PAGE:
That Innocent Little Thumb Drive Could Be Big Security Trouble
Users have no immediate cause for worry about USB security, maintained Robert Capps of RedSeal Networks. "This vulnerability does not appear to be simple to operationalize due to the variety of devices, chipsets and firmware that must be targeted to enable a wide-reaching and successful attack," he explained. That could change if hackers were successful in attacking the supply chain, however.
Aug 1, 2014 11:03 AM PT
USB flash drives could be at risk of a pernicious attack on their firmware.
Over the past two decades, USB devices, aka "thumb drives," have proliferated all over the world, because USB has proven to be a versatile standard. That versatility, though, also makes USB devices vulnerable to what could be a very nasty firmware attack by hackers, noted Karsten Nohl and Jakob Lell of Secure Research Labs.
Since different device classes can plug into the same connectors, one type of device can turn into a more capable or malicious type without a user noticing, they explained.
To turn one device type into another, they continued, USB controller chips in peripherals need to be reprogrammed. Very widely spread USB controller chips, including those in thumb drives, have no protection against reprogramming.
The device can be reprogrammed to do a number of malevolent things, such as emulate a keyboard and issue commands to the system it's plugged into, spoof a network card and redirect traffic from an infected system to a data thief's lair, or plant malware on a machine's operating system or BIOS before it boots.
Paranoia Strikes Deep
So far, the researchers have tested their firmware attack only on USB stick drives -- a test they'll be demonstrating at the Black Hat conference next week in Las Vegas. However, all USB devices could be at risk -- even those built into a computer.
"Built-in webcams are usually connected over USB," Nohl told TechNewsWorld. "What do you do if you have a suspicion that there's malware in that webcam? Do you break off that part of your computer?"
"You can see how nothing can be trusted anymore after one of these connected devices are infected," he added.
Infected devices are almost impossible to disinfect.
"You always require the help of the current firmware to change it," Nohl said, "so even if you tried to replace the infected firmware with clean firmware, the modified firmware could ignore it or store it someplace while continuing to run the modified version."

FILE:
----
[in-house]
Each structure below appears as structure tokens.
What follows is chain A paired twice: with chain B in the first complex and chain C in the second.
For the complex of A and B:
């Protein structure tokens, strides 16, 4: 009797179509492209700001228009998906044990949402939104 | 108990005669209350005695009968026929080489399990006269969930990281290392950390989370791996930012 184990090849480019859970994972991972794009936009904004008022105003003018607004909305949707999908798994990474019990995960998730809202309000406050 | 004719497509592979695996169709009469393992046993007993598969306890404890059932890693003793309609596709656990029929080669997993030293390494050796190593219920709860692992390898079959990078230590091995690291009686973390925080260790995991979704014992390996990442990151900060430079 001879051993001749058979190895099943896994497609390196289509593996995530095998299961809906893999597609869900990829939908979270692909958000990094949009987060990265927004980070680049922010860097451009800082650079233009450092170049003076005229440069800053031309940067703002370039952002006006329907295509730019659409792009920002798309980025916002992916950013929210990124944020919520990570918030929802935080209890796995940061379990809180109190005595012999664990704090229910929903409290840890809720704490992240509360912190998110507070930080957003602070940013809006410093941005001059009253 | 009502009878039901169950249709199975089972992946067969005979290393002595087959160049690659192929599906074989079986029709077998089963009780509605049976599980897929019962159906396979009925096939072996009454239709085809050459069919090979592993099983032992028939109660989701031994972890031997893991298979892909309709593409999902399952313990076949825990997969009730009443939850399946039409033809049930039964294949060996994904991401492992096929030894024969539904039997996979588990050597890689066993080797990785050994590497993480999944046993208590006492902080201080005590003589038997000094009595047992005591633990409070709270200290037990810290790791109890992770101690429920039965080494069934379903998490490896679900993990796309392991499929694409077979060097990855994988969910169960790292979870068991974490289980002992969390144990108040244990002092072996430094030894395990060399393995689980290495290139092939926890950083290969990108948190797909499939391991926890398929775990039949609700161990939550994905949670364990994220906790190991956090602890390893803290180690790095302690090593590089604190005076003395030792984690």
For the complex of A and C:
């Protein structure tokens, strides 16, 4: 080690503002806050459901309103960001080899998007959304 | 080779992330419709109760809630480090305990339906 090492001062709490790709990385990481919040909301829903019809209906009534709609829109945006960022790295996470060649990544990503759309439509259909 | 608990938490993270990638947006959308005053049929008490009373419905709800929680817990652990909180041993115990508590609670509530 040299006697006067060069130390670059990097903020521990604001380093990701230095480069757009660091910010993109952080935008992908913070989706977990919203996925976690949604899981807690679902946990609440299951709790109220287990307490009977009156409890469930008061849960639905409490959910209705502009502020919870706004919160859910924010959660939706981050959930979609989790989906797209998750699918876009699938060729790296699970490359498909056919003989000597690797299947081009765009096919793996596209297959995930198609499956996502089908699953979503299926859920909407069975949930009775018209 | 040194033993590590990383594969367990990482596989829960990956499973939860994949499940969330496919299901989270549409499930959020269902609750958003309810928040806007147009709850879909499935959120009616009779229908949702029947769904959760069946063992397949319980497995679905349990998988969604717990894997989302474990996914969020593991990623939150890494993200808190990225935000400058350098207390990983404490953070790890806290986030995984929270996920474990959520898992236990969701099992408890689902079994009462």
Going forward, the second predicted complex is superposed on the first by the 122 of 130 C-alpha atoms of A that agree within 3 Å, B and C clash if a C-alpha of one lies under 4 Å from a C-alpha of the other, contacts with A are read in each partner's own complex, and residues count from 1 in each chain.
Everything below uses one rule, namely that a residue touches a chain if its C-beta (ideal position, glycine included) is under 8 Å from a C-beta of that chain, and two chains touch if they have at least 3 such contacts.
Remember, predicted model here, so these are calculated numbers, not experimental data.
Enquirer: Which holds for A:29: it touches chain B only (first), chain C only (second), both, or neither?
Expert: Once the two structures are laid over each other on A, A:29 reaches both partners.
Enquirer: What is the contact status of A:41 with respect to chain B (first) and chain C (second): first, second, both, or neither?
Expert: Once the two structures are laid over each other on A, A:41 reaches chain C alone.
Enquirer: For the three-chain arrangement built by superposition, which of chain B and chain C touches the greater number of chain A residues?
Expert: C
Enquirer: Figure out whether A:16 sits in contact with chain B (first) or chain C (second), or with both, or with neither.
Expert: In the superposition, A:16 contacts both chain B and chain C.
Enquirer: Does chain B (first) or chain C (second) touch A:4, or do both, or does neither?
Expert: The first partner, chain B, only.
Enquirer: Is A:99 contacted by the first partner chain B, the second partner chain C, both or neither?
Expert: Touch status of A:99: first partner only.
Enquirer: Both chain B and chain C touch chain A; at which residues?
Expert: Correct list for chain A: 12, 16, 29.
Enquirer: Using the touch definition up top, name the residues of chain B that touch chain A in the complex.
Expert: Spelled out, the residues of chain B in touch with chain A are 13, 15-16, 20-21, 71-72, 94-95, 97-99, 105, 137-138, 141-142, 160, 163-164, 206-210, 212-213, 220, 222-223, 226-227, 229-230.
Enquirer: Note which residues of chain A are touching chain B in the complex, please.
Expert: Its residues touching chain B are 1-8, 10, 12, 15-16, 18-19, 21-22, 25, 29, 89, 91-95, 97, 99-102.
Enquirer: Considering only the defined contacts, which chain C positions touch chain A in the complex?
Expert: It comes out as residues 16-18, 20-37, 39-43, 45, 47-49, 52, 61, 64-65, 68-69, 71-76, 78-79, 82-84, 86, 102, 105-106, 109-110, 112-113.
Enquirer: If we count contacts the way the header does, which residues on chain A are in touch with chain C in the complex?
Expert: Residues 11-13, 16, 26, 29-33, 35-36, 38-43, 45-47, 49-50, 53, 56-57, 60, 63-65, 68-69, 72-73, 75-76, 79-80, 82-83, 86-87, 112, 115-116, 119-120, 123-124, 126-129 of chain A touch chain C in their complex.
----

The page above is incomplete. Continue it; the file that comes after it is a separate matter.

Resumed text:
What's more, identifying the infection is also almost impossible, because malware scanners typically don't scan firmware for malicious programming.
Although you might see symptoms of malware on your computer, you can never know what's causing them.
"This has the potential to lead to a lot of paranoia. It's like a disease where you can only detect the symptoms and not the virus causing it," Nohl said.
"Consumers should always ensure their devices are from a trusted source and that only trusted sources interact with their devices," said Liz Nardozza, spokesperson for the USB Implementers Forum.
"In order for a USB device to be corrupted, the offender would need to have physical access to the USB device. To prevent the spread of malware, consumers should only grant trusted sources with access to their USB devices," she advised.
The current USB standard includes additional security capabilities, but implementation of those capabilities is up to makers of USB devices.
"Greater capabilities of any product likely results in higher prices, and consumers choose on a daily basis what they are willing to pay to receive certain benefits," Nardozza said.
There are USB stick drives in the market with such added security capabilities, and their makers say the devices are immune to a firmware attack.
A stick drive that skirts the typical USB boot-up procedure is offered by Kanguru Solutions, for example.
"When it's plugged into the machine, it launches its own application," Kanguru President and CEO Don Brown told TechNewsWorld. "It doesn't run the standard USB firmware."
Don't Worry - Yet
Another company that makes a USB stick with security capabilities is IronKey.
"Any of the firmware on our devices is always digitally signed by us," said IronKey Executive Director of Engineering Ken Jones.
"Nothing can go on that device unless it's signed," he told TechNewsWorld. "We did that because we didn't want someone getting in and putting something on there that shouldn't be on there."
Users have no immediate cause for worry about the researchers' findings, maintained Robert Capps, senior director for customer success at RedSeal Networks.
"Based on the details that have come to light so far, this vulnerability does not appear to be simple to operationalize due to the variety of devices, chipsets and firmware that must be targeted to enable a wide-reaching and successful attack," he told TechNewsWorld.
What is concerning, however, is the potential the attack could have on the product supply chain, Capps pointed out.
"Devices can be manufactured with the compromise already embedded in the hardware," he said. "There are no good methods for most consumers or businesses to identify compromised hardware."